Did you know, 65% of recruiters admit they use social networks to screen the professionalism of a candidate? What do you find when you Google your first and last name? Many recruiters will search for a candidate online, and your social media accounts are an information goldmine. The information you share about yourself online can allow potential employers to check your academic background, the qualifications listed on your CV, even your interests and affiliations to see if you’re a culture fit for the organisation. 43% of recruiters said they’ve eliminated an applicant from their shortlist based on their online reputation and social media activity.
First impressions count, and in today’s digital landscape there’s a whole lot more than a well-formatted CV and a firm handshake to create a good impression with a potential employer.
Does it all sound a bit nosey? Well, it’s in an employer’s best interests to determine if you are is a good fit for the business, and they have more tools at their disposal than ever before. A huge amount of effort and resource goes into hiring, from advertising for roles, to interviewing, induction and training, so they want to make sure they get the right person for the job, and that you’ll be a positive reflection of the business’s brand and values.
6 tips to improving your digital presence
There are several ways to tidy up your social media profile and make sure you stand out – for the right reasons – to any prospective employers looking you up online.
1. Google yourself.
Search your full name online to see what a recruiter might find. Identify the websites with content featuring your name - if they link to your social media profile, click through and check they present the professional image you’re going for. You might find links to old accounts you’ve forgotten about – consider closing those ones. Scroll through at least two pages of search results to make sure you haven’t missed anything.
2. Have a professional profile photo.
Especially on sites such as LinkedIn, prospective employers will expect you to have a clear, professional headshot on your profile. You don’t have to go too formal, but it’s a good idea to look well-presented and alert, with a good quality image.
3. Remove inappropriate media.
Delete any pictures, posts or comments that don’t match your reputation and image. Check the pages you follow – these give recruiters an insight into your interests, so remove anything controversial. Social networks like Facebook also have features which allow you to control what images you can be tagged in, so make use of these.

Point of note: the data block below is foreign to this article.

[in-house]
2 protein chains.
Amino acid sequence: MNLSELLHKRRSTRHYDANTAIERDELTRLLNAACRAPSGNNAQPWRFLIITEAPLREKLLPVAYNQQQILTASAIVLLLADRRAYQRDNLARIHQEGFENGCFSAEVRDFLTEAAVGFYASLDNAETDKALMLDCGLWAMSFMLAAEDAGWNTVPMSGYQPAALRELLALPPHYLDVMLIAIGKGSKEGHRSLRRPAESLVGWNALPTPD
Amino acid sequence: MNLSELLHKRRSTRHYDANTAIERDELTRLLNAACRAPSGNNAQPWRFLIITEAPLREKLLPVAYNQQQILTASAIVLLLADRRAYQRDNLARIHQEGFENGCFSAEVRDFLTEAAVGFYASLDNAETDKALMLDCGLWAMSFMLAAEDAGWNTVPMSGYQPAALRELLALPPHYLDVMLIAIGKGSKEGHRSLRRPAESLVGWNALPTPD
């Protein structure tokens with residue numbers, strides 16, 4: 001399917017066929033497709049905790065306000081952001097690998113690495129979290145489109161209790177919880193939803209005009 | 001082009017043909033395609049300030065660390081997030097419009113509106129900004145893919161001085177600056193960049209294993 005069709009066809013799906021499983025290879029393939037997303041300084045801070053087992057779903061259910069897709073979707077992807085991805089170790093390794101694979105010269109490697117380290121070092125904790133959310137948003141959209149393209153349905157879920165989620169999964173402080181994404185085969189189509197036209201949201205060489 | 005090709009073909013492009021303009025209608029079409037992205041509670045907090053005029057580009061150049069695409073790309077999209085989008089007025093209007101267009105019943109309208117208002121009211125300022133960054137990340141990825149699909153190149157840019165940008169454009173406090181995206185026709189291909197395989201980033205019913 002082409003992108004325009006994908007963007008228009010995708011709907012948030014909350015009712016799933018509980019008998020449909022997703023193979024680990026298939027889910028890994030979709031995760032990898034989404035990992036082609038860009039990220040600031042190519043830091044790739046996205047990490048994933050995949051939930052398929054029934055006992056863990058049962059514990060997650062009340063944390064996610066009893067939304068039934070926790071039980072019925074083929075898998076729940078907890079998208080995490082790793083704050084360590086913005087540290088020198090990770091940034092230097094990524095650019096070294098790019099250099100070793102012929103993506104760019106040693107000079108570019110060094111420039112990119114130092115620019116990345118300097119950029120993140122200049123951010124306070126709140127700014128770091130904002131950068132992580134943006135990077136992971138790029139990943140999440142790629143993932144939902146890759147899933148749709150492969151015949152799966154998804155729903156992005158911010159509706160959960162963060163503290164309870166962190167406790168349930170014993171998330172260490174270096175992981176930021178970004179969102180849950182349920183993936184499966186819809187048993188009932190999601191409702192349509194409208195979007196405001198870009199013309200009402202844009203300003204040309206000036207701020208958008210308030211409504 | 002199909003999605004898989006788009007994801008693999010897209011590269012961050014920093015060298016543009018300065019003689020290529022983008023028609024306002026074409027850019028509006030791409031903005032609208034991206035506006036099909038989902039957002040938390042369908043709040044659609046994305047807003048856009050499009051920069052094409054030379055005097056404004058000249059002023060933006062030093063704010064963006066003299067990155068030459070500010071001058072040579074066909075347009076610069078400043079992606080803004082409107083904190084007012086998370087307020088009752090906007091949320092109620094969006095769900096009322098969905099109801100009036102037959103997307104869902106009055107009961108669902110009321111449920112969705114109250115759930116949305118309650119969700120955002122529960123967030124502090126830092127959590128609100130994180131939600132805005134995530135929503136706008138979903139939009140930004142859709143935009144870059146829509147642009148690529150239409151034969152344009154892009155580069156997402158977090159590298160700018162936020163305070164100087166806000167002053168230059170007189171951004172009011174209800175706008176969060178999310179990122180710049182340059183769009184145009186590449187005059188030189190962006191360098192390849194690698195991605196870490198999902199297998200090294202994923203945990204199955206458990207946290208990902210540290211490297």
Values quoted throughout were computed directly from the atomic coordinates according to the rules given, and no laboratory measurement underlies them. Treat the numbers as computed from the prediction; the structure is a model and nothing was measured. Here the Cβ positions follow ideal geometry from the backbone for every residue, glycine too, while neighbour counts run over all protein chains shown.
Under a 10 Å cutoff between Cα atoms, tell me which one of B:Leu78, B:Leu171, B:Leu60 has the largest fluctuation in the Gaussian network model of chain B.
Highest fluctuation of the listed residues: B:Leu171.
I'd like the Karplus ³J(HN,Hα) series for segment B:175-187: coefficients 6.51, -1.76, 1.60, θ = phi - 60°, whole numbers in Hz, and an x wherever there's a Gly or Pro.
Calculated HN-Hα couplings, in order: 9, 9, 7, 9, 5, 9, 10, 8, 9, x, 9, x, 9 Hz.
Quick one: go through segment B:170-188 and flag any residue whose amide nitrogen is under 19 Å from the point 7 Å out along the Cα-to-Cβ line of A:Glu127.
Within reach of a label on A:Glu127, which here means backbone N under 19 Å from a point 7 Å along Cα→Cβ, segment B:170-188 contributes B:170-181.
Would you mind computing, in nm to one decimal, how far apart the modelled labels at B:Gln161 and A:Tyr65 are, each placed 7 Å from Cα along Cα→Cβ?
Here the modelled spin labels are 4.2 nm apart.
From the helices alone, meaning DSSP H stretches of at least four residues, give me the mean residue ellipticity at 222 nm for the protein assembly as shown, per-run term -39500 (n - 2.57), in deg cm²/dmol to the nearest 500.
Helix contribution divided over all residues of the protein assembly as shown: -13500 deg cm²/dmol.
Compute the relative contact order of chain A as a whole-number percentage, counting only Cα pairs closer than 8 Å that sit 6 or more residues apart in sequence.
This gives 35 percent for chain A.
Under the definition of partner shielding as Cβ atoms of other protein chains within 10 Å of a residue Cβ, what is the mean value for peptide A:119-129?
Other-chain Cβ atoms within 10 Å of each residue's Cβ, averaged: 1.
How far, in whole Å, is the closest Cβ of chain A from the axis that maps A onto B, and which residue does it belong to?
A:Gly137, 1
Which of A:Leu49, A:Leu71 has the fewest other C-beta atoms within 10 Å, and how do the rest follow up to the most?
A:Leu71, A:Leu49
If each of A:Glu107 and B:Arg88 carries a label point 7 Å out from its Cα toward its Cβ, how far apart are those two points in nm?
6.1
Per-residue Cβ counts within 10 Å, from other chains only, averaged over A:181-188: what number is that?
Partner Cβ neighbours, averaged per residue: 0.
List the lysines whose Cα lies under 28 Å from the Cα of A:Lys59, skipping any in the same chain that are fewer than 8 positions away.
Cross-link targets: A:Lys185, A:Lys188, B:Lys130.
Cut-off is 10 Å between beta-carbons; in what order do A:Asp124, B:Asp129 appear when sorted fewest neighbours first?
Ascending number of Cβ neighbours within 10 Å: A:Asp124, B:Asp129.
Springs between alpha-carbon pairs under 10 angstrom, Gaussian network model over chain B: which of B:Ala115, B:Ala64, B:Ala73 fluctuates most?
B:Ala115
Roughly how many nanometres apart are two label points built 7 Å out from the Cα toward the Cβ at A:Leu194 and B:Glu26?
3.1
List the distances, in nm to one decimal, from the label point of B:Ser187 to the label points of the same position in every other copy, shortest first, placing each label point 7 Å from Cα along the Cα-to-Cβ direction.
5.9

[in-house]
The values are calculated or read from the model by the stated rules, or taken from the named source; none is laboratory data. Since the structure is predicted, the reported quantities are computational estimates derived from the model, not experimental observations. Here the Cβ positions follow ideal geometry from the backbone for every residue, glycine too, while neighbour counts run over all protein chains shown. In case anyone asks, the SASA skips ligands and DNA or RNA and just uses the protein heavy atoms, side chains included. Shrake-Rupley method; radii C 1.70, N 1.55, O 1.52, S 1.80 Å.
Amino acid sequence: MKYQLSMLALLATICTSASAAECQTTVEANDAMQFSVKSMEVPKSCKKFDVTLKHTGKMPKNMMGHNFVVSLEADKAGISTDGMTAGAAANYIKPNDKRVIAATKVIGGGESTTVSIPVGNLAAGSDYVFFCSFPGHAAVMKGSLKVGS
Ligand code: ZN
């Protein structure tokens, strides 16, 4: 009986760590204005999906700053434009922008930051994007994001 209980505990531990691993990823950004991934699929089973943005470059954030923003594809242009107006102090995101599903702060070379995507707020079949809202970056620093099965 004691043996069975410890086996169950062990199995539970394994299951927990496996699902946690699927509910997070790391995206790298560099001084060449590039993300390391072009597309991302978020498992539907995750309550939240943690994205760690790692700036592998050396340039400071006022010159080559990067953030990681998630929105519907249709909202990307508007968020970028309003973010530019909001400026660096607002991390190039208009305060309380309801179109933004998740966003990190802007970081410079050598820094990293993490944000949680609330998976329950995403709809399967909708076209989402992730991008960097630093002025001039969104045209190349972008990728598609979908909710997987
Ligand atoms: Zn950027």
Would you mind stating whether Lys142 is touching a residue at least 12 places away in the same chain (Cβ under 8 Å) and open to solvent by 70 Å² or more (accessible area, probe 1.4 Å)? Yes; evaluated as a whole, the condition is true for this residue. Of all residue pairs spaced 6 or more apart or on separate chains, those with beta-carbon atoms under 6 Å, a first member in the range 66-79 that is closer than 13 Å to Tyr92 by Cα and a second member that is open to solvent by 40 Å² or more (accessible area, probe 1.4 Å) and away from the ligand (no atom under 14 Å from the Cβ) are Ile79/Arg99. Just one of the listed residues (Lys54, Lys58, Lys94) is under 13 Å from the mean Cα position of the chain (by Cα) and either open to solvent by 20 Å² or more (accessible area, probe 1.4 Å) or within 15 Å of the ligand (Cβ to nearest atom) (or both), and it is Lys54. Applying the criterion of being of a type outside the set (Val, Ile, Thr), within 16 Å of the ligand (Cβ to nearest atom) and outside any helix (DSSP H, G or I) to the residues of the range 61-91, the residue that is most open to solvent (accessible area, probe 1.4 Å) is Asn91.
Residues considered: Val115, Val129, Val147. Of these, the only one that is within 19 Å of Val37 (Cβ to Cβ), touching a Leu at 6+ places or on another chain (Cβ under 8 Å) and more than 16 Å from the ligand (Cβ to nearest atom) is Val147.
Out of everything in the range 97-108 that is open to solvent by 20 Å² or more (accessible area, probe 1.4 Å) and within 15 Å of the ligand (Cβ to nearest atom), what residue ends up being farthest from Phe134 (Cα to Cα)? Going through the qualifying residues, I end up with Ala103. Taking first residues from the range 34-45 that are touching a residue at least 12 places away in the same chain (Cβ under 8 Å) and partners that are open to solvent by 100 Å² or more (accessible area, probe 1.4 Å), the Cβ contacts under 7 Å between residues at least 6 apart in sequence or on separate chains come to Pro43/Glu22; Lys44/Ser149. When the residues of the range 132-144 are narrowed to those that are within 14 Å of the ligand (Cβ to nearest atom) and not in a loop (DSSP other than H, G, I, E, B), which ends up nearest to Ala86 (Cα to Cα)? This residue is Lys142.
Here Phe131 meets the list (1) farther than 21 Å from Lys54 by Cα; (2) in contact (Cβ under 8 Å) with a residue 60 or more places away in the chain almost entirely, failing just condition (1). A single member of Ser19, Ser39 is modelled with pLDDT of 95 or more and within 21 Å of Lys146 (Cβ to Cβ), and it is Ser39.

4. Join career-relevant groups.
Social media has an endless number of groups, communities and pages, that you can use for networking with other professionals in your job sector and to keep up to date on industry news. If however your current list is more ‘cats sitting on things’ than industry news, it might be a good time to diversify. Following a couple of just-for-fun pages is completely fine – and who doesn’t like those cat videos? But make sure you are a member of some groups related to your actual or targeted job – especially if your CV emphasises your interest in the industry.
5. Tighten up your privacy settings.
Be wary about how much of your personal information is available publicly. If you prefer to keep your social accounts more relaxed and personal, make sure you understand the privacy settings and adjust them in-line with what you’re comfortable sharing.
6. Use keywords to make sure recruiters can find you.
Assuming you are happy for your profile to be seen by potential employers, you can maximise the chance of getting seen – and screened – for roles. Over 84% of organizations use social media for recruiting, which includes targeting via keywords to find individuals with skills and interests matching the requirements of the role they’re hiring for. Including job titles, skills, and industry keywords on your profile means you’re more likely to be discovered by a recruiter. You’re also more likely to be shown sponsored posts which highlight relevant job vacancies the company or recruiter is trying to fill.
Interviews. We’ve all been there and we know they’re not fun. But just remember: thousands of people sit interviews every day and come out the other side relatively unscathed.